Last year, I reviewed three portable laptop stands, suitable for coworking when you commute and hotdesk, as opposed to if you have a dedicated desk. The Roost 2 was the unequivocal winner and it became my everyday stand.
Earlier this year, the designers of a new stand, called the Majextand, sent me a prototype to try out. I’ve used it for about six weeks now, enough to get a solid feel for it. It has two important advantages over the Roost 2. First, it’s even smaller and lighter than the ingeniously engineered Roost 2. Second, it’s one less thing to take out of the bag when setting up in the morning, because it’s attached to the bottom of your laptop. It’s not perfect, as I explain below, but it’s an effective design. Would it replace my beloved Roost 2?
The Majextand’s trick is that it attaches to the bottom of your laptop like a flat sheet of stamped metal, with two adhesive strips. It’s only 1.7mm thick (0.07”) and 5.5” square, and weighs only 4.8 ounces. So it’s always with you and you won’t notice it when you’re not using it. To be sure, it comes with rubber foot pads that you can use to boost your laptop’s existing feet, so that the laptop still sits flat when the Majetand is not expanded. The additional feet were definitely appreciated. The overall build quality feels solid.
To deploy the Majextand, you pull two hinged sections out to form a triangular tube, which then locks into place. The laptop is then supported by one edge of that triangular tube and by the laptop’s front edge. (It’s easier to see in the photograph than to explain.) The result is more stable than it looks: The laptop doesn't budge when I shake the table. You break it down simply by depressing tabs on each hinged section and it folds back into place. No need to stow and pack it separately, because it’s attached to the laptop. Clever and effective.
With that said, there are few things to bear in mind. First, it takes a little thought to get it positioned right, because it has to be close to the hinge (or else it could tip backward) and mounted exactly parallel to the front edge of your laptop. It also can’t cover-up access to essential components. This isn’t an issue on a MacBook, but other laptops have things like removable battery packs that might be covered over by the stand. My backup computer is an old ThinkPad, for example, and the Majextand would cover a few access screws.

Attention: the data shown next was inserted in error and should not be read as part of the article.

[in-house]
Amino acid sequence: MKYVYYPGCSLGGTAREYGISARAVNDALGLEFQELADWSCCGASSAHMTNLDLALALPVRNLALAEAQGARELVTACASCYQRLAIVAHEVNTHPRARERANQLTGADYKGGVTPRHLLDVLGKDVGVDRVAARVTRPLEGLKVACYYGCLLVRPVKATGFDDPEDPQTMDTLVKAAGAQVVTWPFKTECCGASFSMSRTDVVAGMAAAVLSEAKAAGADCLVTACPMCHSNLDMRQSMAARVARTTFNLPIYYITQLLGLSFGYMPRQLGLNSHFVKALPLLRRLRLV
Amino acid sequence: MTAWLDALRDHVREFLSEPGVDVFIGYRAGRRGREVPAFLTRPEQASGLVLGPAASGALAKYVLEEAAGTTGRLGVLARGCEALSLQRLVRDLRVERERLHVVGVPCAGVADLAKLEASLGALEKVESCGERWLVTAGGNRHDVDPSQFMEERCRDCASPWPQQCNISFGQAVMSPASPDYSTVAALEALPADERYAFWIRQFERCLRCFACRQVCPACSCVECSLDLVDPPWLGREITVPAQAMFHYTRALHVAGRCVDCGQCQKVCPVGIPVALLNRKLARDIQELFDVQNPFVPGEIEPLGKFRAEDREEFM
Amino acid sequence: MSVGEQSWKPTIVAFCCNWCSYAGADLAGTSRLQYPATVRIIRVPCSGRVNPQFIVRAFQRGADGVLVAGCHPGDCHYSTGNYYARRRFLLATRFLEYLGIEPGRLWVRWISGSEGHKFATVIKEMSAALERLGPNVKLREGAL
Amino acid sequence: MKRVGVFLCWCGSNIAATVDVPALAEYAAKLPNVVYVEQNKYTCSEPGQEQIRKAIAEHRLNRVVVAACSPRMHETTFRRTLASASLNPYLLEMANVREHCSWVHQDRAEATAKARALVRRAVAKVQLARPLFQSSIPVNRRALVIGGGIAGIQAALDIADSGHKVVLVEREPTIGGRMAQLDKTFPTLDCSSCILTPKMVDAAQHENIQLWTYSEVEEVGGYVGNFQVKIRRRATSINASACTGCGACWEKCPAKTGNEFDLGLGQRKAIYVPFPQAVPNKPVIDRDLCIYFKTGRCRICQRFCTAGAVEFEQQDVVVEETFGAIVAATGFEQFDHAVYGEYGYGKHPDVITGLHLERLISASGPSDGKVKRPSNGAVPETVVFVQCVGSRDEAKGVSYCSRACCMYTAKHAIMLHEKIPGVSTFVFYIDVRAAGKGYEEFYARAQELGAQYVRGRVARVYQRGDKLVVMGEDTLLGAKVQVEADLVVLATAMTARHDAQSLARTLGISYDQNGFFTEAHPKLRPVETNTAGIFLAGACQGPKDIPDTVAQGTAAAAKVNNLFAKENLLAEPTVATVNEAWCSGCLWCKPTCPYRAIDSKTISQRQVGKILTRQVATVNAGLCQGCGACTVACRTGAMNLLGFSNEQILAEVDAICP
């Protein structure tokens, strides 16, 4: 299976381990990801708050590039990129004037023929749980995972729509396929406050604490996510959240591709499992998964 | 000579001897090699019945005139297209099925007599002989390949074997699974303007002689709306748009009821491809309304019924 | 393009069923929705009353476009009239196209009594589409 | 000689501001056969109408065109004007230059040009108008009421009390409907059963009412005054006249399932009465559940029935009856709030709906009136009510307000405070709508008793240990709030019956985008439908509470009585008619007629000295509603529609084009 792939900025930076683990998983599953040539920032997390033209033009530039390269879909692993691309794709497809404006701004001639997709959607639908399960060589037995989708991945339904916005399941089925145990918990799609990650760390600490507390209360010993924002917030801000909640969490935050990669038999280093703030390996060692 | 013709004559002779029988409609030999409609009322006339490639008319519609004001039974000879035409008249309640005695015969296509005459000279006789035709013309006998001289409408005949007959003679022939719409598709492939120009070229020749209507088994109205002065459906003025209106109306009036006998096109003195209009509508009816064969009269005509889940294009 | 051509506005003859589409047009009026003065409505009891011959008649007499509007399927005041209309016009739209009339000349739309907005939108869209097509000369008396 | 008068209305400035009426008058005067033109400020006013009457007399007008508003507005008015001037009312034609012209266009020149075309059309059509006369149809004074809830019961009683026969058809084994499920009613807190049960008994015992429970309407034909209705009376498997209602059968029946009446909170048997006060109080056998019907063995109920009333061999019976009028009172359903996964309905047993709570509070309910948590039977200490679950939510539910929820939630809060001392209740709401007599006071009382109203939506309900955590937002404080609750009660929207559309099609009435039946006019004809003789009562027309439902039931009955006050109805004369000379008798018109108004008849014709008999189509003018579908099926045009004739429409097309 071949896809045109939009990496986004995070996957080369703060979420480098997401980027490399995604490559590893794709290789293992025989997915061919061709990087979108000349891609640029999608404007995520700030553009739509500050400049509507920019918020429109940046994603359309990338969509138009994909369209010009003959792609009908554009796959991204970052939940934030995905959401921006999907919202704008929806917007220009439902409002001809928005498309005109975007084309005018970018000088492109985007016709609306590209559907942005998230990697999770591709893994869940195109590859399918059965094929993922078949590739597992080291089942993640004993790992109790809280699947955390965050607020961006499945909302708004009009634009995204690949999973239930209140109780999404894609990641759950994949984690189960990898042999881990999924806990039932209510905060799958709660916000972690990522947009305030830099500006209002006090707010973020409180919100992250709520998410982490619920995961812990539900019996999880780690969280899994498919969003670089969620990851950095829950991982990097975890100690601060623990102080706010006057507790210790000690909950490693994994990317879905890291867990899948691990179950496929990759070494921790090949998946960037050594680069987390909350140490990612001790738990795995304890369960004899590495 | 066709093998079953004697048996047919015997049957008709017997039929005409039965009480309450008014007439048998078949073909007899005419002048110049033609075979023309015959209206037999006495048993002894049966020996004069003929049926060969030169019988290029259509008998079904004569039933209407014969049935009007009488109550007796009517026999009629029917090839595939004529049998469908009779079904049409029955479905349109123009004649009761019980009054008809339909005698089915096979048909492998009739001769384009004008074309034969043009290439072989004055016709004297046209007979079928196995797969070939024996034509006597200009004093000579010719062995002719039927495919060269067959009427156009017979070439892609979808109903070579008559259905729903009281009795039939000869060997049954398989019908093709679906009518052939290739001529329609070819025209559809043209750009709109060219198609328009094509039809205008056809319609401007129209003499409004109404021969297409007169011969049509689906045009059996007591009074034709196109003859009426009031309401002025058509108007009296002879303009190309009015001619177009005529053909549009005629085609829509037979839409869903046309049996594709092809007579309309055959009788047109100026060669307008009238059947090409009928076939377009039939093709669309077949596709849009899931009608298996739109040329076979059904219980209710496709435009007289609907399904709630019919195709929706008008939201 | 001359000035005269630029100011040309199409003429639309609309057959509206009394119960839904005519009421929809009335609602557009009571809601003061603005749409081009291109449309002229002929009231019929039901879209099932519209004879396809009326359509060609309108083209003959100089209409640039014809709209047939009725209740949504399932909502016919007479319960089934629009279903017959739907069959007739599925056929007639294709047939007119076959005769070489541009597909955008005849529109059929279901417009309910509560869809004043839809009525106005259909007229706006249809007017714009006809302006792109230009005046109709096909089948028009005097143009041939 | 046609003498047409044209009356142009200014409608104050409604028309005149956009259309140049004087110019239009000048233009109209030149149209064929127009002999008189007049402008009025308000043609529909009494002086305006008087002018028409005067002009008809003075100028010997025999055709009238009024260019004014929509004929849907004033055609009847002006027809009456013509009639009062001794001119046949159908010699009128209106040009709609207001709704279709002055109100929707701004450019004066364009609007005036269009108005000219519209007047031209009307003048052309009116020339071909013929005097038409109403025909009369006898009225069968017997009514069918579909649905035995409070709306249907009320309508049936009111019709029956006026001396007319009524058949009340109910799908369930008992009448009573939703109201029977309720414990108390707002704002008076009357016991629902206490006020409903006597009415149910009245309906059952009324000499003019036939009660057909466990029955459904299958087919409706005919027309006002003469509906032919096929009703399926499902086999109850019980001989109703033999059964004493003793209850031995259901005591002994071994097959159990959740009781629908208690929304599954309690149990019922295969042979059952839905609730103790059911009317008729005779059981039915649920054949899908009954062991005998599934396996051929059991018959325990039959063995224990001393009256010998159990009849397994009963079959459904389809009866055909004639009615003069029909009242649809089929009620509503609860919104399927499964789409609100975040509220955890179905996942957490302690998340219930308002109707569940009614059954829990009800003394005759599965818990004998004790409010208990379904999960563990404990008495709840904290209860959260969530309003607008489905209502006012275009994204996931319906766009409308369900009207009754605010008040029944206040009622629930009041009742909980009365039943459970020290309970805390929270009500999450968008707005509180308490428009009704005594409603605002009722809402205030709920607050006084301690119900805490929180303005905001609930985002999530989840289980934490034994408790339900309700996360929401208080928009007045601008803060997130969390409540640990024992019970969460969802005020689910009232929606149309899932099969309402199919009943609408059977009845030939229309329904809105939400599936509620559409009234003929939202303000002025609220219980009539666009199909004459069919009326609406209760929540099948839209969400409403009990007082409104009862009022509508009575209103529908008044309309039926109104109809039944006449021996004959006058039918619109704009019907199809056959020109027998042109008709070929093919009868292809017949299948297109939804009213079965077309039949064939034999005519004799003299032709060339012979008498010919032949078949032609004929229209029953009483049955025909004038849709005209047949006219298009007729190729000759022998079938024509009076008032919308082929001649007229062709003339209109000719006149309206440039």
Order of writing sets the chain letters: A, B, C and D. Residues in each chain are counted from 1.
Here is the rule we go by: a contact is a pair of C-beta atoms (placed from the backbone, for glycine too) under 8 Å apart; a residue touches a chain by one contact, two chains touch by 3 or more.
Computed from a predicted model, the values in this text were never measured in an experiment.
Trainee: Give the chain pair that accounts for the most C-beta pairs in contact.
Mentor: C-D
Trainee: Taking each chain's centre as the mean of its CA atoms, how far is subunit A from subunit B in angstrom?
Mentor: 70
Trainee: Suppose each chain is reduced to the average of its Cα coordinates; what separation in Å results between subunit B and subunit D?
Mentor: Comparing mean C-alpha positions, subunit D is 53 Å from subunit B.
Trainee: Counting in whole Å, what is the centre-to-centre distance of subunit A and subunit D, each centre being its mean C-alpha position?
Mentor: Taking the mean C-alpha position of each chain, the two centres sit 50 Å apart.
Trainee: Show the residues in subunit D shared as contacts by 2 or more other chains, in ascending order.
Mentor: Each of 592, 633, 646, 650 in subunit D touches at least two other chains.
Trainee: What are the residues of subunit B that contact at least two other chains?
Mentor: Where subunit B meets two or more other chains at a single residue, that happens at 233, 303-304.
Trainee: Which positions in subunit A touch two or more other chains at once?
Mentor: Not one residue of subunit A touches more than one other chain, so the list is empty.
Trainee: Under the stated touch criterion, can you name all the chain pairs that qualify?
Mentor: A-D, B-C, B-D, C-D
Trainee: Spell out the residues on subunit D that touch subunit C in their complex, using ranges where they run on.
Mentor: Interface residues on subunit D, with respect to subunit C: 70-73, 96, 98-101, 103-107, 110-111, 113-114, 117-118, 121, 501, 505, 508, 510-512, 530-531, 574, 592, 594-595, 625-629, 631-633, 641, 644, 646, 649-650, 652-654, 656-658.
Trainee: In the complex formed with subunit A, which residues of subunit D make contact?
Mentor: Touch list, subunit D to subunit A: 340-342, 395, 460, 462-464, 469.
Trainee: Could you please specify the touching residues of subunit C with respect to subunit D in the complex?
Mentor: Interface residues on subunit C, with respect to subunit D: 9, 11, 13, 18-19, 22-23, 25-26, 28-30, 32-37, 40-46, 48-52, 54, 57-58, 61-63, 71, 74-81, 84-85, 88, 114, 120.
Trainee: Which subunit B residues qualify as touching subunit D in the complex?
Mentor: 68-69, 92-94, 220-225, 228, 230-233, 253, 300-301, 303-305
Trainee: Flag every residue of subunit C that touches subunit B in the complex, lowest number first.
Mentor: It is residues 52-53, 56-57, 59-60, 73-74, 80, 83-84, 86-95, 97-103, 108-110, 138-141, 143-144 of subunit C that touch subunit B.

If those form factor details work out for you, there’s one other thing to bear in mind. The Majextand does not raise your laptop screen as high as other laptop stands. The general guideline for a laptop stand is to put the center of the screen just slightly lower than eye level or to put the top of the screen just above eye level. The Roost 2’s highest and lowest height adjustments put the center of my MacBook Air at about 15 ¼” or 12”, above the desktop, respectively. The highest height seems to fit the recommended height for me.
With the Majextand, the center of the screen is about 9 ¼” above the desktop. The designer notes that the bottom of the screen is the same height as the bottom of an Apple Cinema Display. But that places all of a MacBook Air display significantly below eye level.
I thought the lower height would be a limitation for me. But after using the stand for six weeks, it turns out I’m comfortable with that height. I wear glasses with progressive lenses, so the lower screen works in my favor, because I have to look through the bottom half of my glasses anyway.
And it’s surprisingly nice to take one fewer thing out of my bag (laptop, keyboard, mouse, power adapter, headphones…) every morning. So, although I was skeptical when I was first contacted, the Majextand has become my new everyday laptop stand.
I recommend the stand, as long as you’re comfortable with the limitations I’ve noted.
Edit: You can purchase the Majextand here: www.majextand.com/
I've been coworking since 2010. which has taught me a few things about making it work. I have a lot left to learn.